Days of Yore - The stories of the three USS REUBEN JAMES
REUBEN JAMES (DD 245) was laid down on April 2, 1919, launched on October 4, 1919 and commissioned on September 24, 1920 with Commander Gordon W. Hines in command. DD245 was a post-World War I four stack destroyer with a crew of 101. She was capable of 35 knots and brandished a main armament of four 4-inch guns, a single 3-inch gun and twelve 21-inch torpedo tubes.
In October 1921 REUBEN JAMES escorted USS Olympic (C-6) across the Alantic bringing the American Unknown Soldier for reburial at Arlington National Cemetery. This WWI soldier was the first Unknown to be buried at Arlington.
Assigned to the Atlantic Fleet, REUBEN JAMES saw duty in the Mediterranean from 1921 to 1922. Based then at New York, she patrolled the Nicaraguan coast to prevent the delivery of weapons to revolutionaries in early 1926. DD245 was decommissioned at Philadelphia on January 20, 1931.
Recommissioned on March 9, 1932, she again operated in the Atlantic and the Caribbean, patrolling Cuban waters during the Cuban revolution. She transferred to San Diego, California in 1934 and returned to the Atlantic Fleet in January 1939. Upon the outbreak of war in Europe in September 1939, she joined the Neutrality Patrol and guarded the Atlantic and Caribbean approaches to the American coast. She was assigned to Destroyer Squadron THIRTY-ONE in 1941.
In March 1941, REUBEN JAMES, commanded by LCDR H.L. Edwards, joined the convoy escort force established to promote the safe arrival of war materials to Britain. This escort force guarded convoys as far as Iceland, where they became the responsibility of British escorts. Based at Hvalfjordur, Iceland, she sailed from Argentia, Newfoundland October 23, 1941, with four other destroyers to escort the eastbound convoy HX-56.
While escorting the convoy, at about 5:25am, October 31, 1941, REUBEN JAMES was torpedoed by German Submarine U-552. She had positioned herself between an ammunition ship in the convoy and the known position of a German U-Boat Wolfpack. Her magazine exploded and she sank quickly. Of the crew, 44 survived and 115 died. All officers including the Commanding Officer were lost. REUBEN JAMES was the first U.S. Navy ship lost during World War II.
REUBEN JAMES (DE 153) was laid down on September 7, 1942, launched on February 6, 1943 and commissioned on April 1, 1943 with LCDR Frank D. Giambattista in command. DE153 was a Buckley Class destroyer escort with a crew of 213, capable of 23.5 knots. She had a main armament of two 5-inch guns, three 3-inch guns and three 21-inch torpedo tubes.
First based at Miami, Florida, REUBEN JAMES conducted anti-submarine patrols and provided training in convoy escort and anti-submarine warfare. In March 1944, she shifted her base from Miami to Norfolk, Virginia. In June 1944, she escorted a convoy from New York to Norfolk.
Between July 13 and November 7, 1944, she escorted two convoys to the Mediterranean, returning with westbound convoys. During her first eastbound voyage, nine German bombers attacked her convoy off Algeria on August 1, 1944. REUBEN JAMES shot down one enemy bomber.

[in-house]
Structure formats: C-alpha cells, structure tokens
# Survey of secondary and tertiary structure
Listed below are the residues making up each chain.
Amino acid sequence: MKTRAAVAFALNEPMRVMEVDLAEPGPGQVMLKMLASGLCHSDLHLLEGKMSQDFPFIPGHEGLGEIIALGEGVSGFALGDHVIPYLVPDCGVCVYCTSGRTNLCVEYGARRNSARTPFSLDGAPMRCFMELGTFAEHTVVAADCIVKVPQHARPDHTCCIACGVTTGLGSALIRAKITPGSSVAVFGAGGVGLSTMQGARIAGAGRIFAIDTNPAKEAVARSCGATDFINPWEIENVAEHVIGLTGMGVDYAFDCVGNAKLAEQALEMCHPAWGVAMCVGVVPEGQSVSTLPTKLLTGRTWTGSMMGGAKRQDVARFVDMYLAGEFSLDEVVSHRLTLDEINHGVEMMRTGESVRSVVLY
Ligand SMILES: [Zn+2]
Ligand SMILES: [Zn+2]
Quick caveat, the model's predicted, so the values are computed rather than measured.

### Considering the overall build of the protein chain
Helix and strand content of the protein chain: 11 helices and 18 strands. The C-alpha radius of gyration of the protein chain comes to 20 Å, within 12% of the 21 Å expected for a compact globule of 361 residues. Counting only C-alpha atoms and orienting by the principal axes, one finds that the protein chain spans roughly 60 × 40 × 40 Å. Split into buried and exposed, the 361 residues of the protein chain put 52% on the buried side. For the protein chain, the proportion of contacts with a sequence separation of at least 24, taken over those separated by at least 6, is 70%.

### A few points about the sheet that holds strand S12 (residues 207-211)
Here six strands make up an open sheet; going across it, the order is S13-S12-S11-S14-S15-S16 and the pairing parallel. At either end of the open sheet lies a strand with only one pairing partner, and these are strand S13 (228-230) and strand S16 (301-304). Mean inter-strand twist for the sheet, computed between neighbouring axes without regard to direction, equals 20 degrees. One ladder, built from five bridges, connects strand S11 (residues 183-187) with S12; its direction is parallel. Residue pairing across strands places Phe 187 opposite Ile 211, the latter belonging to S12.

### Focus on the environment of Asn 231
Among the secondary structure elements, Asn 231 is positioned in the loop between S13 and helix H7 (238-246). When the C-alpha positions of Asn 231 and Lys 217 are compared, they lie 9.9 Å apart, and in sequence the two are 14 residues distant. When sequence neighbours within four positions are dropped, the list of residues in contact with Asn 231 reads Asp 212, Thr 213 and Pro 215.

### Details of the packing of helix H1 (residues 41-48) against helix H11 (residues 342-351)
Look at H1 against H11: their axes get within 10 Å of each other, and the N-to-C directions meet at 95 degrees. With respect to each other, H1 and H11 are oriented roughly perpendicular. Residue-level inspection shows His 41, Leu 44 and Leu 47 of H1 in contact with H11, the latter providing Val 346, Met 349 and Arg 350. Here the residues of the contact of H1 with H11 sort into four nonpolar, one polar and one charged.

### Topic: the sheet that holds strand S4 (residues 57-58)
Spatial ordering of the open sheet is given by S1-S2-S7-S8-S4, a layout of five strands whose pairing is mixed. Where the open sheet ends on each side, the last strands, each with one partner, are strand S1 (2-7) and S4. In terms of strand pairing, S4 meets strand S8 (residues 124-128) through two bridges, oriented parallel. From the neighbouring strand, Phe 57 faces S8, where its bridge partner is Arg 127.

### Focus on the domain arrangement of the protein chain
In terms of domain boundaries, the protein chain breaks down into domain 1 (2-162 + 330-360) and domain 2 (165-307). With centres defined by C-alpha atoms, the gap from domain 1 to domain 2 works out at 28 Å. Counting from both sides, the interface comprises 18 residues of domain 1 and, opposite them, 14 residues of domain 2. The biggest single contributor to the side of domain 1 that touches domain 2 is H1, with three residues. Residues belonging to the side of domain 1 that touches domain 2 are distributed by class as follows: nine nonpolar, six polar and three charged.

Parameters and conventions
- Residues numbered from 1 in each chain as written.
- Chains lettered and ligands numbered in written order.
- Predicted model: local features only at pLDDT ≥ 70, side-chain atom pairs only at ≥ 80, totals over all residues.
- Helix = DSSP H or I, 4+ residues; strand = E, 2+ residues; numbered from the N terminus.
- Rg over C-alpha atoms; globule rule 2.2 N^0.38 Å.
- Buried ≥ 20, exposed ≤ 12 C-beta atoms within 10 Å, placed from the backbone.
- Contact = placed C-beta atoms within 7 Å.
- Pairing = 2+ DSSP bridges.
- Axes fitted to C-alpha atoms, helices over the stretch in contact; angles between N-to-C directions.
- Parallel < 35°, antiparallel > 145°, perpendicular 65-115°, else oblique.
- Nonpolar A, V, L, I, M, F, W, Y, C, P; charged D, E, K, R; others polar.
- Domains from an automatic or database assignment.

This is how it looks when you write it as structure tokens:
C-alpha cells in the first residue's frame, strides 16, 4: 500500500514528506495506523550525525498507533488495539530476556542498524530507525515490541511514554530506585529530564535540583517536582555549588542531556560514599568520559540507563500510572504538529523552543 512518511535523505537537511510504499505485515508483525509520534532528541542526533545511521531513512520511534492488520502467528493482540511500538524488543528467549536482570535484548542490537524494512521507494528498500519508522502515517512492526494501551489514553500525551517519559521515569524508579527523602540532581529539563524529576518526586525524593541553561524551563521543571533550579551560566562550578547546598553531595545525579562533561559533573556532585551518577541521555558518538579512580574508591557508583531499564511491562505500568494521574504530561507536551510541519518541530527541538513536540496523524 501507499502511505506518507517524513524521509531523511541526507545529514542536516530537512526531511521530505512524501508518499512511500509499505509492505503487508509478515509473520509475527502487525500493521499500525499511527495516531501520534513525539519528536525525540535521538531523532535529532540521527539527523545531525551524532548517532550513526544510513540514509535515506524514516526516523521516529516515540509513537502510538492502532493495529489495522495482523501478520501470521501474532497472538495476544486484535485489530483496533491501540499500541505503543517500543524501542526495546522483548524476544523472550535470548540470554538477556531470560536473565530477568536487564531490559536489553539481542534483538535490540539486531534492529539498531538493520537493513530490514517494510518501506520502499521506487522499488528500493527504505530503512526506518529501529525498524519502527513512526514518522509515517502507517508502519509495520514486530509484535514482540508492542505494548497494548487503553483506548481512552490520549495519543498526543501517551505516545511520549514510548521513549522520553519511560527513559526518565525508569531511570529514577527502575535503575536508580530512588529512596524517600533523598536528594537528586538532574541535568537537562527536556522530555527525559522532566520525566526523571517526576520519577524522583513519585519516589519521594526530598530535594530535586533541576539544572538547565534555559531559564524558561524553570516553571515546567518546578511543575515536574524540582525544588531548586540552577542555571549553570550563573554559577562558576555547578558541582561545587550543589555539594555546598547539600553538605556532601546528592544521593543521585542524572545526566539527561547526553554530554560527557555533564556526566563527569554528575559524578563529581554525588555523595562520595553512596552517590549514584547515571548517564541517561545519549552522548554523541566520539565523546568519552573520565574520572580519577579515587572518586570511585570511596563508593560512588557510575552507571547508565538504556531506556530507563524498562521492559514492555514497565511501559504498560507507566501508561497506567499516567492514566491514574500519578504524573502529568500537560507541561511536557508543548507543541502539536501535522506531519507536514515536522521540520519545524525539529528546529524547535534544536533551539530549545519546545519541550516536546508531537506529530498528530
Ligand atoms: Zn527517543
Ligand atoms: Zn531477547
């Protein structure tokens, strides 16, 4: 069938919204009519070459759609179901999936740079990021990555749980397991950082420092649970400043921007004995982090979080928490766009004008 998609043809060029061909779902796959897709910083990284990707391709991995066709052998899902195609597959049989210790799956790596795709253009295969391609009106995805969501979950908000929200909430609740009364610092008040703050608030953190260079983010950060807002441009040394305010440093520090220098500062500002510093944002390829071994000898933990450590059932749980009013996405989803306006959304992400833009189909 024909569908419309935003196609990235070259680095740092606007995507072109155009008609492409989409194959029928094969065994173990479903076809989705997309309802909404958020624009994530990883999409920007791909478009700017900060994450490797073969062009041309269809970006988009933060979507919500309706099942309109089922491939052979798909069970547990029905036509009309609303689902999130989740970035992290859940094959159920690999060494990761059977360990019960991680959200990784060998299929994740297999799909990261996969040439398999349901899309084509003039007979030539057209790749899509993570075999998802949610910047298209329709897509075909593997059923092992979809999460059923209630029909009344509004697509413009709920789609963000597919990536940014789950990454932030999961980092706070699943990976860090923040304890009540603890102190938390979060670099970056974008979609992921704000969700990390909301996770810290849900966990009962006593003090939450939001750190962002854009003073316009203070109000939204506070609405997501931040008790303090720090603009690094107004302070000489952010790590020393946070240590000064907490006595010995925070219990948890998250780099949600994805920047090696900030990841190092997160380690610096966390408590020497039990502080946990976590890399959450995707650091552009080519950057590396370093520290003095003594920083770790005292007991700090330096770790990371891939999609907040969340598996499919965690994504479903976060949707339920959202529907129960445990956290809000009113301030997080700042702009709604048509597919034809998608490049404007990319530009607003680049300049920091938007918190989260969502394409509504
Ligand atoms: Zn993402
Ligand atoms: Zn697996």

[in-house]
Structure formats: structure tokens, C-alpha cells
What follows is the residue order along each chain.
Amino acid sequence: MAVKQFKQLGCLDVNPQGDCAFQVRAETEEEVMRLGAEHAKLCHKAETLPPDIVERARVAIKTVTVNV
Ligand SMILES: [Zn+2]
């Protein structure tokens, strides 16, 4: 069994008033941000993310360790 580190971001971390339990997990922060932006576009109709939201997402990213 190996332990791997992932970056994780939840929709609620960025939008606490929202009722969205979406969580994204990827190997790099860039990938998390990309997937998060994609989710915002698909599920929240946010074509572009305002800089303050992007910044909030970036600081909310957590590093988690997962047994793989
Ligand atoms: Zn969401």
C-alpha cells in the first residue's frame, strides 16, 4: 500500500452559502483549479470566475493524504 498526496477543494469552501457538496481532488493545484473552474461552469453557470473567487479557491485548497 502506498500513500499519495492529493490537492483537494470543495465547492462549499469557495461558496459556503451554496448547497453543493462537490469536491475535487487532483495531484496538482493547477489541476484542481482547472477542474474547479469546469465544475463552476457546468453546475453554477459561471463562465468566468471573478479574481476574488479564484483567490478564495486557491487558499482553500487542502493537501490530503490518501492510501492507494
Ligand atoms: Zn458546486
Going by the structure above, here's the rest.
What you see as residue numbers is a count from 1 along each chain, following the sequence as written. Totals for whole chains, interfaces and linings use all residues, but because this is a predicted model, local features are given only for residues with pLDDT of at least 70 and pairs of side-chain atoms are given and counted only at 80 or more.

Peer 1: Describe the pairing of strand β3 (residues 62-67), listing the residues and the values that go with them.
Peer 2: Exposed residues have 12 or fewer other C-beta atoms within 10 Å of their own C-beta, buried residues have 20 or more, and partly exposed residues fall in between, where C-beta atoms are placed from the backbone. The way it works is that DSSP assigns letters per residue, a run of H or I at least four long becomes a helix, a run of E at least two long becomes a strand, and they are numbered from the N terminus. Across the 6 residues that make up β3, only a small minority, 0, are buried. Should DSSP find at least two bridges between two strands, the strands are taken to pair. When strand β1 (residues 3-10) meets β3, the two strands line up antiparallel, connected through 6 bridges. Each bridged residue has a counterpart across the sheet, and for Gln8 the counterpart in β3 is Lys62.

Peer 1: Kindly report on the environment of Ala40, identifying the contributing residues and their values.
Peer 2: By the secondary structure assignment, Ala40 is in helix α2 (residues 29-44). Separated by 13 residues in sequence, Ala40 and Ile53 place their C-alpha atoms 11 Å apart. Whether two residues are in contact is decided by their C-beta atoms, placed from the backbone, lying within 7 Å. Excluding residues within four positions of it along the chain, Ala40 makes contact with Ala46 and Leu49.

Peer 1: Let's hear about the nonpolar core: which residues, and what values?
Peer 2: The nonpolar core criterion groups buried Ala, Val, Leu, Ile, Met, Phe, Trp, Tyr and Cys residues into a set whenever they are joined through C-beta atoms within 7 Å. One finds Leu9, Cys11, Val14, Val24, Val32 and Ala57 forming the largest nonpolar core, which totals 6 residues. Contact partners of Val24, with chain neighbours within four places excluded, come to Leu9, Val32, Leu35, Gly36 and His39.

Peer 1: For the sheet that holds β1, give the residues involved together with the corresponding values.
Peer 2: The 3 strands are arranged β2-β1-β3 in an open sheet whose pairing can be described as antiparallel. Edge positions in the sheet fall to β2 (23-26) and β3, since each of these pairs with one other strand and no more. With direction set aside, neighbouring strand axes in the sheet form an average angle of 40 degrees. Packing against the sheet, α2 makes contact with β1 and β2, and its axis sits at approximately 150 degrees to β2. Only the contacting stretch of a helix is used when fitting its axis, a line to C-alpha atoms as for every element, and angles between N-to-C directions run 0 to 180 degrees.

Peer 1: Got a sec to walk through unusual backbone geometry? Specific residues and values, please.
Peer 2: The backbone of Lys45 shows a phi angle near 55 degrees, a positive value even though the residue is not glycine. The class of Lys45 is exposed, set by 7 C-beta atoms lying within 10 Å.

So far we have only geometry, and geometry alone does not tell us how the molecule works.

Returning to Boston, she joined an anti-submarine group operating in the North Atlantic. Operating south of Newfoundland, she was present when USS BUCKLEY (DE 51) sank German Submarine U-879 on April 19, 1945.
Arriving at Houston, Texas on July 4, 1945, she completed conversion to a radar picket ship on November 25, 1945. Subsequently, she operated in the Atlantic and the Caribbean out of Norfolk, Virginia, then was decommissioned on October 11, 1947. She remained in the Atlantic Reserve Fleet until she was struck from the Navy List on June 30, 1968. Her hulk was used as a target and sunk on March 1, 1971.
REUBEN JAMES (FFG 57) was laid down on November 19, 1983 and she was commissioned into the Fleet under the command of CDR John J. Kieley, III on March 22, 1986. Initially assigned to Surface Squadron ONE during post-commissioning trials and shakedown, REUBEN JAMES joined the Red Stallions of Destroyer Squadron THIRTY-ONE in June 1987.
Assigned to Mideast Force on her maiden deployment, REUBEN JAMES participated in twenty-two Operation ERNEST WILL convoy missions, serving as the convoy commander's flagship on ten of those missions. As a unit of the Pacific Fleet Anti-Submarine Warfare Readiness Squadron, she was a key participant in the continuing research and development of anti-submarine tactics and equipment, a fitting role in tribute to the men of the first REUBEN JAMES.
In August 1991, REUBEN JAMES moved from Long Beach, California to Pearl Harbor, Hawaii. On October 1, 1998, she joined the "Ke Koa O Ke Kai", Destroyer Squadron THIRTY- ONE.
For nine months from July 2002 to April 2003, REUBEN JAMES deployed to the Arabian Gulf and participated in Operations ENDURING and IRAQI FREEDOM. From February-April 2004, she deployed to the Eastern Pacific in support of counter-drug operations.
Between July-December 2004, REUBEN JAMES went through an extensive modernization and maintenance program, ensuring that she will always be ready to respond when the mission bell tolls.
USS REUBEN JAMES appeared in the movie "The Hunt For Red October" and was the first ship to find Soviet Submarine Captain Marko Raimius and his crew of defectors. Of course, the Soviet Sailors who stood on her foc'sle were not really Soviets - they were actually REUBEN JAMES crew members. Actor Peter Jason played the role of REUBEN JAMES' Commanding Officer. REUBEN JAMES also had a prominent role in the book Red Storm Rising.